This coming session we will continue studying the Kalama sutta (available at https://www.accesstoinsight.org/tipitaka/an/an03/an03.065.than.html) and, depending on time, possibly progress to the Bhaddakaratta sutta (available at https://www.accesstoinsight.org/ati/tipitaka/mn/mn.131.than.html)

Session 3 – May 16

After some chanting and a short period of meditation, we plan to study the Bhaddekaratta sutta, available at: https://www.accesstoinsight.org/ati/tipitaka/mn/mn.131.than.html. As with the last session, the idea is for us to have read the sutta before the session so that we can have more time to discuss questions or topics that the sutta raises.’

Session 4 – June 27 (moved from 13 June as previously listed)

This coming session we will be studying the Anatta-lakkhana sutta (available here via Access to Insight). This is said to be the second of the Buddha’s discourses, suggestive of how central the teaching of non-self is in the Buddha’s teaching.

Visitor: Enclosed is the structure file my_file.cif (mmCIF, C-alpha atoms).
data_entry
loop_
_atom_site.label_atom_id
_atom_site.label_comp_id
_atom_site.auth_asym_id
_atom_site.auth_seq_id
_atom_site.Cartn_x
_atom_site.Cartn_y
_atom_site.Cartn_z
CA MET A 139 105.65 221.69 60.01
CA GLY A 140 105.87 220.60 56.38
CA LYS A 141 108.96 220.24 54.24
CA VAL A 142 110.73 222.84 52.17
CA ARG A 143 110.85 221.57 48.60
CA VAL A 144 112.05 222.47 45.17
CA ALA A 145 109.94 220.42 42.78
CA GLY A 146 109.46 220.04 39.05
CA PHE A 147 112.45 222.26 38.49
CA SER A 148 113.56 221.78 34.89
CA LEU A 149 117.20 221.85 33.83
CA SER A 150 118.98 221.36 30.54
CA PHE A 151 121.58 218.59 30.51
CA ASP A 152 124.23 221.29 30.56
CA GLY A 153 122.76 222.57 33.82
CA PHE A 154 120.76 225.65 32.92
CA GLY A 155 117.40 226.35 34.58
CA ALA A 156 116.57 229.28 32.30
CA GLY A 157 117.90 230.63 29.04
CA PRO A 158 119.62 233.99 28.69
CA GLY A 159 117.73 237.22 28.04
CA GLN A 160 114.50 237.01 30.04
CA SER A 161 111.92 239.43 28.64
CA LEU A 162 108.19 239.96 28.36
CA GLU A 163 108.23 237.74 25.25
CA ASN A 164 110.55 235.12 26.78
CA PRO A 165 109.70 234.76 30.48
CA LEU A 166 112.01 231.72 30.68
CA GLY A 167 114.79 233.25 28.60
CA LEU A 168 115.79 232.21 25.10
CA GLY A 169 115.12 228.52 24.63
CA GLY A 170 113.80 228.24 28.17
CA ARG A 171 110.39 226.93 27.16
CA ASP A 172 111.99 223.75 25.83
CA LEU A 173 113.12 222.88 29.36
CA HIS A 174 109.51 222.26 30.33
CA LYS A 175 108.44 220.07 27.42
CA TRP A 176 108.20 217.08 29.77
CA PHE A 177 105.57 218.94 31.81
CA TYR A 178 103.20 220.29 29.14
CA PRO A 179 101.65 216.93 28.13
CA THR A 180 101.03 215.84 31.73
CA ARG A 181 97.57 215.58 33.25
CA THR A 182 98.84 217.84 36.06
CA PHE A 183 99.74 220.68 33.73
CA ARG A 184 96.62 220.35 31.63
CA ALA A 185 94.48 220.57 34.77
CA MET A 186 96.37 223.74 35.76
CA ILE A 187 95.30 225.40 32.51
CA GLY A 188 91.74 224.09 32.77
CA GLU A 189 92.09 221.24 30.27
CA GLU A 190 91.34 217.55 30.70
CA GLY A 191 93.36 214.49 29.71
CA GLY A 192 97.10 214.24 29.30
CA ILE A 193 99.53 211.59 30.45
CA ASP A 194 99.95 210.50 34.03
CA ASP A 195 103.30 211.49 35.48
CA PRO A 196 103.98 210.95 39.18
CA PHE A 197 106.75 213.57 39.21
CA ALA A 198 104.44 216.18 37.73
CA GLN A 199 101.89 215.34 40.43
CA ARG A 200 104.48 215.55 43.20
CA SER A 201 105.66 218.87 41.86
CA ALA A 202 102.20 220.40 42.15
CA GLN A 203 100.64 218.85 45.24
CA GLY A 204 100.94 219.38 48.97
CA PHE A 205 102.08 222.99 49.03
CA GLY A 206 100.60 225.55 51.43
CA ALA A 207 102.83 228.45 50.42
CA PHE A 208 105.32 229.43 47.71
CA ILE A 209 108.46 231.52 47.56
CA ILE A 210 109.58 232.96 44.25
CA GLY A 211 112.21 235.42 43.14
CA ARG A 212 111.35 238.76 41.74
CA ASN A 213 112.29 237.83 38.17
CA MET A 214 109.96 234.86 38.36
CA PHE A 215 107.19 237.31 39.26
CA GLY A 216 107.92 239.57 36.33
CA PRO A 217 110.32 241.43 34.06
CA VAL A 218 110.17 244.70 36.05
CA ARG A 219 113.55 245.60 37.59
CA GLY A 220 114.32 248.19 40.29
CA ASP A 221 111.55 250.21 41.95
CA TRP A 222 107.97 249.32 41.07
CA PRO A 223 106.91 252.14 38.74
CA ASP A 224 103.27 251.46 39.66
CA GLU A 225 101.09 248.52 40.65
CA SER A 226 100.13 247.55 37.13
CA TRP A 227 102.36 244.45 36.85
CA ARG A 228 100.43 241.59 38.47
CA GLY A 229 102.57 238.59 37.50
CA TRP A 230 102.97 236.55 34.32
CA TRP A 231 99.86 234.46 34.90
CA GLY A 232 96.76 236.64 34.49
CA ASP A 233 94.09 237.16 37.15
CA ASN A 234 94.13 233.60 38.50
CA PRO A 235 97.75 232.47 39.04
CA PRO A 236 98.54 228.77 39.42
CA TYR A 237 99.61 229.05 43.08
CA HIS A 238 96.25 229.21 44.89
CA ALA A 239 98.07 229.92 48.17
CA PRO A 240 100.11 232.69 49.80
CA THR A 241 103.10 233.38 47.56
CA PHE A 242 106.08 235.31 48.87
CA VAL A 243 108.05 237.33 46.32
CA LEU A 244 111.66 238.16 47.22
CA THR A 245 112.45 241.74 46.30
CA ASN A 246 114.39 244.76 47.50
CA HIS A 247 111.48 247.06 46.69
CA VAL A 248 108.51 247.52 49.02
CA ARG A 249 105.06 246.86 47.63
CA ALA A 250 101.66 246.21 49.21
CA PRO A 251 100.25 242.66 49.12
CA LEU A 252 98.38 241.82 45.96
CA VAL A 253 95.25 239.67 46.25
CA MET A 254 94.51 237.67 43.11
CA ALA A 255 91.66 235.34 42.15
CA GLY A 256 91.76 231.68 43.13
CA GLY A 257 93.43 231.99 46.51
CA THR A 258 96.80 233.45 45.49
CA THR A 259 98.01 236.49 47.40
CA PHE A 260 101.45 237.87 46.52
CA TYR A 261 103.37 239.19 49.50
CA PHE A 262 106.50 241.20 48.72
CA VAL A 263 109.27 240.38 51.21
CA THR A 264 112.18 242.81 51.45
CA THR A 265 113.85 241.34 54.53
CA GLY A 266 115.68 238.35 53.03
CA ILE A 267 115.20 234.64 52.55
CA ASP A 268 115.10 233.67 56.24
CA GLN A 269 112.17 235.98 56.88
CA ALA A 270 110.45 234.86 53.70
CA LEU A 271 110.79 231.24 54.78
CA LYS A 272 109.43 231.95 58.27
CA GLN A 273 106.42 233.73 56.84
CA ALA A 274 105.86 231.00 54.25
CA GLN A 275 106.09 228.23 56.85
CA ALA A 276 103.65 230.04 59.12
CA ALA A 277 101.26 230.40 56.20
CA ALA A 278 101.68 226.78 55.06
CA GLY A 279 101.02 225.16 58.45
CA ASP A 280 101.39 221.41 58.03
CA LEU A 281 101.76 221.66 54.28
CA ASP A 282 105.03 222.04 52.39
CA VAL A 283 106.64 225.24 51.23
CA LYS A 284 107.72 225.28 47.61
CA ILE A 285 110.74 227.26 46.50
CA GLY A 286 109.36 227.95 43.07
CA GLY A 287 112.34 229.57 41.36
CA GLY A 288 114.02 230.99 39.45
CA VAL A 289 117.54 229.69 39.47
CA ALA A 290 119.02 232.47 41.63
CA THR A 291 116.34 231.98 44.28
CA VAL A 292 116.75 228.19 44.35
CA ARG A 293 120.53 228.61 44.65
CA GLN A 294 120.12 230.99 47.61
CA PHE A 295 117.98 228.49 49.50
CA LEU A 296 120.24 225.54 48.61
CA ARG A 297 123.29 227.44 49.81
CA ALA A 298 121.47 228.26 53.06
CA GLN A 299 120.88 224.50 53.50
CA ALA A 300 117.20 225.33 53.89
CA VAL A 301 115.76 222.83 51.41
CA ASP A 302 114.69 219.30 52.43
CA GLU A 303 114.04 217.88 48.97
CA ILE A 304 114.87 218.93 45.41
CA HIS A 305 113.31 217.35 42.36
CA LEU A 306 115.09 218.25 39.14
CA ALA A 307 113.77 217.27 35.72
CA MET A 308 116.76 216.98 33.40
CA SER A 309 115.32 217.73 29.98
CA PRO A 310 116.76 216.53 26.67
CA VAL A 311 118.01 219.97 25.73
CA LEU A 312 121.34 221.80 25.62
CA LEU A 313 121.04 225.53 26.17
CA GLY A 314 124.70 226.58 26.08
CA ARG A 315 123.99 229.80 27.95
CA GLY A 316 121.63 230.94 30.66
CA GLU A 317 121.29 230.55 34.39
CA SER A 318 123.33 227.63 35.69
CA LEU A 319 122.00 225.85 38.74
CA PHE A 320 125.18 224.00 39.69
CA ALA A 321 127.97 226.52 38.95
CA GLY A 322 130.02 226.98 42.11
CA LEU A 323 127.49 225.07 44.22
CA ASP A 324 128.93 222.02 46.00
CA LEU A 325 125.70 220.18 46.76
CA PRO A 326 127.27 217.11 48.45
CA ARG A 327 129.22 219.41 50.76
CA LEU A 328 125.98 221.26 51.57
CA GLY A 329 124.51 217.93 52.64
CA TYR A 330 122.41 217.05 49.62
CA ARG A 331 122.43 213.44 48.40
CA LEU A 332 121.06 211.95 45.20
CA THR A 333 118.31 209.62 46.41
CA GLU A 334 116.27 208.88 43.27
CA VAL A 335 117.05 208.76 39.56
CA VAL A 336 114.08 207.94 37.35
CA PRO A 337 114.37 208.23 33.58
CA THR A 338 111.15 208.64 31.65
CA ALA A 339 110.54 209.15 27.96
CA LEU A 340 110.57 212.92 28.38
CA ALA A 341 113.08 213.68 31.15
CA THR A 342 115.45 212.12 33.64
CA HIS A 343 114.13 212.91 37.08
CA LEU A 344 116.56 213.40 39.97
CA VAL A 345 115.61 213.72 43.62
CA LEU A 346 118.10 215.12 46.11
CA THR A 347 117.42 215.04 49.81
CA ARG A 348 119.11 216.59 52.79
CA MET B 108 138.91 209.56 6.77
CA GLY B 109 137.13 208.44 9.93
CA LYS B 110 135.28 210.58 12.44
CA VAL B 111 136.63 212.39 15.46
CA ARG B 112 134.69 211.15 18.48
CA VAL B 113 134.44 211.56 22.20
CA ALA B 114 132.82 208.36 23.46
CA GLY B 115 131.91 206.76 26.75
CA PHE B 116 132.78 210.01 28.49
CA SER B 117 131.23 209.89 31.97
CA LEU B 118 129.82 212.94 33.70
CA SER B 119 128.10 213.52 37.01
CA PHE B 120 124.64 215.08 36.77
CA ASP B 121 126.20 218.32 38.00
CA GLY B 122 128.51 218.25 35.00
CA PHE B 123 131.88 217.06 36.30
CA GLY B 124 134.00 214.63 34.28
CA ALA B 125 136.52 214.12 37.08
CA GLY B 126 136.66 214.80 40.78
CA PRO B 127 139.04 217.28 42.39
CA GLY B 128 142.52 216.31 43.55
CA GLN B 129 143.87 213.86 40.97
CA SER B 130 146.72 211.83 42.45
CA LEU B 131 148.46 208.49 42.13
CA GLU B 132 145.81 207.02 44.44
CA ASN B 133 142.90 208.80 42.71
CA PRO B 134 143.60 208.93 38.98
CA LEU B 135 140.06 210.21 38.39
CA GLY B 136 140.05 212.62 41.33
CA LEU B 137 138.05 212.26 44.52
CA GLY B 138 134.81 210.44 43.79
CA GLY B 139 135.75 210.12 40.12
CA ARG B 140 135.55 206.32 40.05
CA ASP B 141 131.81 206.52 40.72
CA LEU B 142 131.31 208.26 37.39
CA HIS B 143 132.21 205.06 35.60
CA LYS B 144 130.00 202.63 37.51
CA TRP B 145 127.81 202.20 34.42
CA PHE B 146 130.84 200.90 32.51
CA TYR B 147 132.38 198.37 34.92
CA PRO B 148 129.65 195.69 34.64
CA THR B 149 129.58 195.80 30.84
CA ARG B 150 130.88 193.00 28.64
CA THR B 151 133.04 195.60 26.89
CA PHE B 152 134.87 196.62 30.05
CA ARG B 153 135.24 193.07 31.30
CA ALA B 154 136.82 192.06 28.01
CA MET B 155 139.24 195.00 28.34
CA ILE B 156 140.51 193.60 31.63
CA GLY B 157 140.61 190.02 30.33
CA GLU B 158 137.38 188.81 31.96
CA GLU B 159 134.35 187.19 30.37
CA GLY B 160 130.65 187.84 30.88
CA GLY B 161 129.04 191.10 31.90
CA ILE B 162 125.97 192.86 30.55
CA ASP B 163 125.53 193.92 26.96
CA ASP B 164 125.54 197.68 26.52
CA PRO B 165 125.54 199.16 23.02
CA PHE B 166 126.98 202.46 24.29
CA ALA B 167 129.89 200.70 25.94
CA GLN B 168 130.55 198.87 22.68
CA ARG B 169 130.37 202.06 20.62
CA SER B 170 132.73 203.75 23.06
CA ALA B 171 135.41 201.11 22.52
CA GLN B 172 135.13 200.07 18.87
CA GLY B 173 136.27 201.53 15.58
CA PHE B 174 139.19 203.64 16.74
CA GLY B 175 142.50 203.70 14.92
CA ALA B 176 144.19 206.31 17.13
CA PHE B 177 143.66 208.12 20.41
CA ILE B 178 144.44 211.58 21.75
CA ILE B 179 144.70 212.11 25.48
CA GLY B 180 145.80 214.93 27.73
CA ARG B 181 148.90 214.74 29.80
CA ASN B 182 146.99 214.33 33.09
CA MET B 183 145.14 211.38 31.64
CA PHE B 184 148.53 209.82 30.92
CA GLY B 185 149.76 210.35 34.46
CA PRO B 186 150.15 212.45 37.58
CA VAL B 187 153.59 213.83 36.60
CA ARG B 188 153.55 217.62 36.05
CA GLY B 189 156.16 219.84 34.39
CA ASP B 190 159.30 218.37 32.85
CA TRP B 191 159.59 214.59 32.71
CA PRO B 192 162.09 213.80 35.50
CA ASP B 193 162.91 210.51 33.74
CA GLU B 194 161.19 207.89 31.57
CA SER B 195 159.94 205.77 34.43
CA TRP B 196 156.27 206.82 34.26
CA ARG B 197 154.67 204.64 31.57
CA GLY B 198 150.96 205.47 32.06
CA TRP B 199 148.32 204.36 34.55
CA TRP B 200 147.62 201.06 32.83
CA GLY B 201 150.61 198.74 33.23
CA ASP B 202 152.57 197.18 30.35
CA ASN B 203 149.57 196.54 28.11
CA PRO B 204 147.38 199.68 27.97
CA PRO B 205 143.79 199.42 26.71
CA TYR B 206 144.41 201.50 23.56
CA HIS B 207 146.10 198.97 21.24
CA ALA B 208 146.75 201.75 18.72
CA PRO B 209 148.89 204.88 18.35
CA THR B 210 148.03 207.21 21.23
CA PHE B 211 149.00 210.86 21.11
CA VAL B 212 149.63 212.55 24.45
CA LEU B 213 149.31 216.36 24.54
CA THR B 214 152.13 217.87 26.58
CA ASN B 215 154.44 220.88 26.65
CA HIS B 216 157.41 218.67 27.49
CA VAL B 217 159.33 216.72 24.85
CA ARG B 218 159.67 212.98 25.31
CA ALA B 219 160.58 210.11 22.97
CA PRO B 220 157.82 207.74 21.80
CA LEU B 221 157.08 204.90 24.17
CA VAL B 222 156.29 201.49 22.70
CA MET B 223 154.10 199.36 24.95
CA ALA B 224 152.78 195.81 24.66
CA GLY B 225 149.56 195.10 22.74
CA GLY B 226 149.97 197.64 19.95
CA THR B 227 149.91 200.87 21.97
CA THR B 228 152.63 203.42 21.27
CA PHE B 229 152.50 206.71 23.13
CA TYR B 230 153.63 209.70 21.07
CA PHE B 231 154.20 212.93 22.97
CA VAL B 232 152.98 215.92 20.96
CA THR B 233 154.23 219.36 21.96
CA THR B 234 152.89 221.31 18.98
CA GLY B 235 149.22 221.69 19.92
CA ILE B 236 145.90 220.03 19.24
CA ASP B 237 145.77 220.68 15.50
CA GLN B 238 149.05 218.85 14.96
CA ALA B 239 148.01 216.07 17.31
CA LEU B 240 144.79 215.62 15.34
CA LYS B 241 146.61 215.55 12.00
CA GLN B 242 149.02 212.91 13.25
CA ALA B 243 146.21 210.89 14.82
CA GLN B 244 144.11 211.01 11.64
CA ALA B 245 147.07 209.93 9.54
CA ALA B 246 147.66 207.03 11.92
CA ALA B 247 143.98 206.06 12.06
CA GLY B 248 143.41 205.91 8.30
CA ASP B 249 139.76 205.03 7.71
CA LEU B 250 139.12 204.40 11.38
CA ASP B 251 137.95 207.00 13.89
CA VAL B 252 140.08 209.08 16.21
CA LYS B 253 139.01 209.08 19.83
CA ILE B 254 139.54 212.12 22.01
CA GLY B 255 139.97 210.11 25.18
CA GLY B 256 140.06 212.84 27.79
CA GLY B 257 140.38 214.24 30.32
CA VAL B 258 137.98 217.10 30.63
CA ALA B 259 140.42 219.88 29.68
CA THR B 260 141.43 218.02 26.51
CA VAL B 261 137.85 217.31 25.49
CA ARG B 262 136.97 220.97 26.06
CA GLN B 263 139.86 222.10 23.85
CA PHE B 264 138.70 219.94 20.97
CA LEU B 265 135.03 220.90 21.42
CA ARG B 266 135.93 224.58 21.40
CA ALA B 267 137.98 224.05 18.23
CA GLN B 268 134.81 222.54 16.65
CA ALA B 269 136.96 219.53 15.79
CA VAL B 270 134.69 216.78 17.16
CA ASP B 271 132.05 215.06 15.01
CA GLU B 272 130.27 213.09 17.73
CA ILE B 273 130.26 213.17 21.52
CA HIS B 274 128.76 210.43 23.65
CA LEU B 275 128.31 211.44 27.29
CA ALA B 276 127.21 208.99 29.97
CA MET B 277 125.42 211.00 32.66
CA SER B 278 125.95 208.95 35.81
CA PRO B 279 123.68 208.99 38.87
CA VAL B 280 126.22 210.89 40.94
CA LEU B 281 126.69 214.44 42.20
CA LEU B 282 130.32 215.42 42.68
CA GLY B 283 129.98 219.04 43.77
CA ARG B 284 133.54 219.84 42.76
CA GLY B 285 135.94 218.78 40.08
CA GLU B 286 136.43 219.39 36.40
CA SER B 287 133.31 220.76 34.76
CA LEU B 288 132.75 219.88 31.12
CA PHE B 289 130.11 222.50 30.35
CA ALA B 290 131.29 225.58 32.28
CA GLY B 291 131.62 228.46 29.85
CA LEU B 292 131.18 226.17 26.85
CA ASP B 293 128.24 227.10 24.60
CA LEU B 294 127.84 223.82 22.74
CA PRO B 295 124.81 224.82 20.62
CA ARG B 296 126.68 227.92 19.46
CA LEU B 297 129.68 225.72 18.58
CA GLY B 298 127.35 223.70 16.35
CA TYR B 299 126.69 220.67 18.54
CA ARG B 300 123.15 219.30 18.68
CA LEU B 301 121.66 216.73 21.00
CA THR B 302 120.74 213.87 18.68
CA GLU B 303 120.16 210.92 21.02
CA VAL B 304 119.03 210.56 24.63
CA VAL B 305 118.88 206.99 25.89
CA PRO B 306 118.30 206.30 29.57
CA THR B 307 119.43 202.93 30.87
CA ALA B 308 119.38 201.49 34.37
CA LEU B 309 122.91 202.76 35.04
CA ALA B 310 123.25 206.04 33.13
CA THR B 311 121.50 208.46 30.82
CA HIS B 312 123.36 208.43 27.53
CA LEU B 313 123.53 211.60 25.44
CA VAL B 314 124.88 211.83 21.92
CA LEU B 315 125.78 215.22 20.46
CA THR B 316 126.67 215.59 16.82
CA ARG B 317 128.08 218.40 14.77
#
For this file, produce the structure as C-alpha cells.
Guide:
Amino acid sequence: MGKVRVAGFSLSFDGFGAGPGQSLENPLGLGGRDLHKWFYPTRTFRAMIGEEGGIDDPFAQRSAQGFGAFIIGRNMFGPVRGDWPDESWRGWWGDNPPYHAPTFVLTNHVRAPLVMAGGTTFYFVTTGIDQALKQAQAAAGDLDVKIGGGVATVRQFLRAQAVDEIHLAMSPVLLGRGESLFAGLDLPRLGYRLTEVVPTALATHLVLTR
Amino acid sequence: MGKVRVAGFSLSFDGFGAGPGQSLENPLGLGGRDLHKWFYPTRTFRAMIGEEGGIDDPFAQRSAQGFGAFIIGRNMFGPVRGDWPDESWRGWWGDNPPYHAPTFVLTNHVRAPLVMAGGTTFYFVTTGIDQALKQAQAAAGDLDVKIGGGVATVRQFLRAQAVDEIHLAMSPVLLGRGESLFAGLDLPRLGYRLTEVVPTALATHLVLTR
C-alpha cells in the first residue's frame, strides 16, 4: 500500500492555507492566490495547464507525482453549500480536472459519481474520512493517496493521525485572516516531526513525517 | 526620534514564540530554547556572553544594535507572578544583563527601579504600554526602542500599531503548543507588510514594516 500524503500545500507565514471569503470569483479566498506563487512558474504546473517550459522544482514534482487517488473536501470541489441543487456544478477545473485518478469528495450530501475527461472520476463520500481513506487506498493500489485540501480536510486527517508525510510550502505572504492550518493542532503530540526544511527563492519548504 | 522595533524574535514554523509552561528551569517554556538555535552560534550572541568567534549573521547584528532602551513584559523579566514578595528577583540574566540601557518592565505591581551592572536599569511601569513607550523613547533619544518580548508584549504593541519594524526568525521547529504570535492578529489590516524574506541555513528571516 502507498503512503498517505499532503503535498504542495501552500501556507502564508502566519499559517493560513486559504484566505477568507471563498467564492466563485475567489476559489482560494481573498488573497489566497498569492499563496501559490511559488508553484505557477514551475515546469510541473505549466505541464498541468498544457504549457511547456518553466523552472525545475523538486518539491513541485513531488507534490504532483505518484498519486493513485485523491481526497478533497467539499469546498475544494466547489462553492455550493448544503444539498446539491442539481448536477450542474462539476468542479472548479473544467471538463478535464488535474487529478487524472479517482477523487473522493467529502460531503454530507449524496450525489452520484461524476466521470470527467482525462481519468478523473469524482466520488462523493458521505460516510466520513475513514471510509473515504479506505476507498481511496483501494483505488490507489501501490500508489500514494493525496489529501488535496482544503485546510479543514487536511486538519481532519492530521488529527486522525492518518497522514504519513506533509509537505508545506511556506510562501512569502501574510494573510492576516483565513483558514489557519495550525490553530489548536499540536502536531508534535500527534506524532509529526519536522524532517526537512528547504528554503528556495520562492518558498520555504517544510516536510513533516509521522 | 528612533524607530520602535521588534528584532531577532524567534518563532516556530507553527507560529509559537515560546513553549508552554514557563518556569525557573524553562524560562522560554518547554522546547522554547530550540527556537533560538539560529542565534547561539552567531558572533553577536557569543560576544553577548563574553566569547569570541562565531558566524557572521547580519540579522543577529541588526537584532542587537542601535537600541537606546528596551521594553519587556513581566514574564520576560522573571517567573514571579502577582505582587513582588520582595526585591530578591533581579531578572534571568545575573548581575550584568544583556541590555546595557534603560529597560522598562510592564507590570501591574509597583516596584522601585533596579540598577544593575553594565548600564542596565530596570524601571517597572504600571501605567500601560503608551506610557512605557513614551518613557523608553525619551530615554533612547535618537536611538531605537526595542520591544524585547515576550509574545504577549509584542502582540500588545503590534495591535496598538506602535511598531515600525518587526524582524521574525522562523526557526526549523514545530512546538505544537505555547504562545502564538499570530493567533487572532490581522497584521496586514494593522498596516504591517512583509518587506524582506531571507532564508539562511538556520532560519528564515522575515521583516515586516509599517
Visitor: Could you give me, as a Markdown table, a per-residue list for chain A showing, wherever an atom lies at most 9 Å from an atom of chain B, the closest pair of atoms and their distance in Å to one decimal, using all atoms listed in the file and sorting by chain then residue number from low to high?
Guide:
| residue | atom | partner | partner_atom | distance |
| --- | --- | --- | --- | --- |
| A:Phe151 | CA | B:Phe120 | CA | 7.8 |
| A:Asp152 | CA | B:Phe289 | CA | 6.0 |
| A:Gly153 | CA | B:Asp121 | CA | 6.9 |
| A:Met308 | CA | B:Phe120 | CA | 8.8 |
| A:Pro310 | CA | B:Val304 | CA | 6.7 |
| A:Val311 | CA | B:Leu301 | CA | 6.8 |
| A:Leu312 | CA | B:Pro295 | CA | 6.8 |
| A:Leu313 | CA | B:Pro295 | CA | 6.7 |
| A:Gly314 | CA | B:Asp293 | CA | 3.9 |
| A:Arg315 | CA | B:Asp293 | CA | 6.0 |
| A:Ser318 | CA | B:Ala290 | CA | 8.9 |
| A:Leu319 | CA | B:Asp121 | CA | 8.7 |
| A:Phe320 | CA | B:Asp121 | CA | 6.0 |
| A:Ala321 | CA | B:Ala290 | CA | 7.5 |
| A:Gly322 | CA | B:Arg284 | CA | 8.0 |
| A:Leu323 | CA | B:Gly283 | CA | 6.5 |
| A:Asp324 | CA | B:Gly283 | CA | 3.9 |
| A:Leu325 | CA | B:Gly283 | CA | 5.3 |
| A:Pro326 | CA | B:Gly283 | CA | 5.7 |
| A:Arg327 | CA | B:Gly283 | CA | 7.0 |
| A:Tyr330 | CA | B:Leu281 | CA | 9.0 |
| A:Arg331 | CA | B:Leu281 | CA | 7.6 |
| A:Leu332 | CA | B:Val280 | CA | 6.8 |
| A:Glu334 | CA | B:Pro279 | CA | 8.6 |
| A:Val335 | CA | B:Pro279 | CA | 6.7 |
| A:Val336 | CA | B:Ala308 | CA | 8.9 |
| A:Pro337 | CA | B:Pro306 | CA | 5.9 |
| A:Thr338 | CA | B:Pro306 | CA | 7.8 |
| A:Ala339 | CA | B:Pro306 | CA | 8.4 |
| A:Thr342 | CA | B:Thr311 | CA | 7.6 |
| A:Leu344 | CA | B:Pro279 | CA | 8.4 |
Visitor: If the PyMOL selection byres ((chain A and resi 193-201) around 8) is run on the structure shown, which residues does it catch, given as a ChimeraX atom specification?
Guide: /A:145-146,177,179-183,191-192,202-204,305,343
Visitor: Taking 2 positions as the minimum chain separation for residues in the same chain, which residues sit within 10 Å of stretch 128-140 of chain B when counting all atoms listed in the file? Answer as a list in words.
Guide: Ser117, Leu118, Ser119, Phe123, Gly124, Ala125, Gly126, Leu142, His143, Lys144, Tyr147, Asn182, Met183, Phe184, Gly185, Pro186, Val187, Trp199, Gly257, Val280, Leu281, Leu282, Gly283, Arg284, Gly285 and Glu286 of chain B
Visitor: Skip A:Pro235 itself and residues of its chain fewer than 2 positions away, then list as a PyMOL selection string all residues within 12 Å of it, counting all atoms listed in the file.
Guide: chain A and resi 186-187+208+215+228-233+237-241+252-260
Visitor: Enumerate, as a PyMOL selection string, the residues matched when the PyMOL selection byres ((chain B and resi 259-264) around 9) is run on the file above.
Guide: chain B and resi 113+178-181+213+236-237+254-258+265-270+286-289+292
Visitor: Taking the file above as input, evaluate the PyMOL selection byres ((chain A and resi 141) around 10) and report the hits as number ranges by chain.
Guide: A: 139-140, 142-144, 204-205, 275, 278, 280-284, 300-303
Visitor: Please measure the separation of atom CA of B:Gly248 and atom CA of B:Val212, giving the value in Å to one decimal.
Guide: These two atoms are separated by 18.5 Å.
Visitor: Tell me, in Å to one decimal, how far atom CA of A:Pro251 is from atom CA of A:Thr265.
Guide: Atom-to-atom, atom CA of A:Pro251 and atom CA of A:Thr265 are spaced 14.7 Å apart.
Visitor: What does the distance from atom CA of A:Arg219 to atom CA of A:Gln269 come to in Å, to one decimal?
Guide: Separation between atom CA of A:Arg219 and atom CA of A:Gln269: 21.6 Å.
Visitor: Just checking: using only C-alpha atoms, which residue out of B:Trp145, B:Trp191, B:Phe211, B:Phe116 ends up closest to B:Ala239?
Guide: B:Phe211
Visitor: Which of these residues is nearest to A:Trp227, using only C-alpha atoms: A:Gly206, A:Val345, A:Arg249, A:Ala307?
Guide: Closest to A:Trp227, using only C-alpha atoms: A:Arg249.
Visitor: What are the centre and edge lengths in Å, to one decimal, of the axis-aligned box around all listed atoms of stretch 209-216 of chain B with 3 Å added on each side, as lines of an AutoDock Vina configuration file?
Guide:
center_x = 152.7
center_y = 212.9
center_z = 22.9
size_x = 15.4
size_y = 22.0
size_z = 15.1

Session 5 – July 25

This week we will be studying the Angulimala sutta (available at Access to Insight). This sutta recounts the amazing story of Angulimala, a mass murderer who encounters the Buddha and changes his ways. He becomes a disciple and finally ‘experienced the bliss of release’. There is hope for us all! Looking forward to seeing you on Sunday!

Session 6 – September 19

On our first session after the August break, we will be looking at the Karaniya Metta Sutta. This is a relatively short but beautiful evocation of loving-kindness, a central pillar of the Dharma life. The sutta suggests how universal the practice of loving-kindness can be – one that can take us all the way to awakening. Let’s see how far it takes us on Sunday.

You can access an English translation using this LINK. Please do give the text a good read beforehand and bring along any questions or points of interest you have on the day. Looking forward to seeing you on Sunday

Session 7 – October 24